I left that journal, wet with tears, at the Oklahoma Sheriff’s office.


If you’re still reading, thanks.  Every word and comment that you make, have made, are considering making is valuable to me and I appreciate them all.  Especially the corrections!

The challenge, write a 100 word story based on a weekly picture.

Friday Fictioneers can be found on Facebook if you want to join.

Read more: and be sure to start with our fearless leader:

The Negotiator

This is my fourth attempt at Friday Fictioneers and I want to thank everyone for their encouragement and gentle corrections to my precocious grammar and punctuation.


Phot Credit:  Melanie Greenwood

The Negotiator

He met the Commander in a bare room with a small table, plastic chairs and a video up-link.

“Today you negotiate the end of the war.” began the Commander,  “A Drexyn authority is prepared to meet with you now.”

Reluctantly the Commander handed him two pills, “Son, you’ll want these.  Drexyn treaties must be sanctioned by a life sacrifice from each side to be binding. The pills are fast and gentle.”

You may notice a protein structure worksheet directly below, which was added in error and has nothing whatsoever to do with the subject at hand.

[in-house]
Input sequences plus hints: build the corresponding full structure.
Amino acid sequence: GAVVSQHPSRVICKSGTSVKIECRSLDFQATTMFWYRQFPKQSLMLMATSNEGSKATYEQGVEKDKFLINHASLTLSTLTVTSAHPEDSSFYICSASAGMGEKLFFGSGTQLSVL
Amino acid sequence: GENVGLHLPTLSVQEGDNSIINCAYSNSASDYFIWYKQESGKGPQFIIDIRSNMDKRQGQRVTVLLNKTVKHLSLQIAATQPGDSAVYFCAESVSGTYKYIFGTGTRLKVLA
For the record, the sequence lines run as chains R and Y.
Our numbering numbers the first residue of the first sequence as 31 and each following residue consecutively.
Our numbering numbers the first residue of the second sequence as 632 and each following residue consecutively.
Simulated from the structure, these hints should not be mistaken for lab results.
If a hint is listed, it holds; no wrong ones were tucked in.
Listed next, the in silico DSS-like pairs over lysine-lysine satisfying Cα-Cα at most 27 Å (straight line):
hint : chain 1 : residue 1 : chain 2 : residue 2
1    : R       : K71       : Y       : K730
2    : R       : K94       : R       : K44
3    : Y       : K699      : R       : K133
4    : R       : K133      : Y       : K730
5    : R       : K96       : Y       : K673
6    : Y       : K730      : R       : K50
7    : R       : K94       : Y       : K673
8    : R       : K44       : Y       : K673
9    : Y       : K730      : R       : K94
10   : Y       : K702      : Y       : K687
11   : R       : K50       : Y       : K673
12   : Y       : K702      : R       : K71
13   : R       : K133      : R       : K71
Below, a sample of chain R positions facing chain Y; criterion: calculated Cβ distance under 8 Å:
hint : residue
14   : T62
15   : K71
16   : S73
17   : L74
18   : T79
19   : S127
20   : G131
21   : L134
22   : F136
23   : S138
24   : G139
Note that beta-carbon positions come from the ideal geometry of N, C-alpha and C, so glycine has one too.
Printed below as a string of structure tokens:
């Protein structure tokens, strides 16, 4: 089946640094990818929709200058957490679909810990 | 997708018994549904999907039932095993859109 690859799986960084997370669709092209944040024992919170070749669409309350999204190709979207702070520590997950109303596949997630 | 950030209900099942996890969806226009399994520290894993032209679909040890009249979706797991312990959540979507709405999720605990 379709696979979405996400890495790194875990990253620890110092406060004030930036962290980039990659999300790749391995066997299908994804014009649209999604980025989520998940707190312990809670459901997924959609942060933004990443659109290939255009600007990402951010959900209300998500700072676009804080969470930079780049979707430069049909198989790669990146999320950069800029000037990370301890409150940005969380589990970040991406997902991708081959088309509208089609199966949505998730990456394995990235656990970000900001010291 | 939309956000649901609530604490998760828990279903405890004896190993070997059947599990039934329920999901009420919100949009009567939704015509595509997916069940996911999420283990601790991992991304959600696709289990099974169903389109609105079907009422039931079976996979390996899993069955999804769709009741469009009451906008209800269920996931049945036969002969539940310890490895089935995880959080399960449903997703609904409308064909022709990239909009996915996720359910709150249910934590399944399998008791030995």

“You want me… but, I…”

“Millions of  lives have been lost. You are my only negotiator without a family.”

The Commander left after admitting the Drexyn and locked the door behind him. The negotiations had begun.


With complete candor, I confess today’s story was inspired by something I read years ago whose author I can no longer ascertain.

Special thanks to Rochelle Wisoff-feilds who has organized this merry band for the last two years.

There’s Always Tomorrow


He’d noticed her, but being of a certain age, he’d merely tipped his hat and finished lunch.  It seemed whenever he might talk, she had to hurry back to work.  Today, she was finishing her meal when he sat down on the park bench next to hers. Unexpectedly, she offered him her last cookie.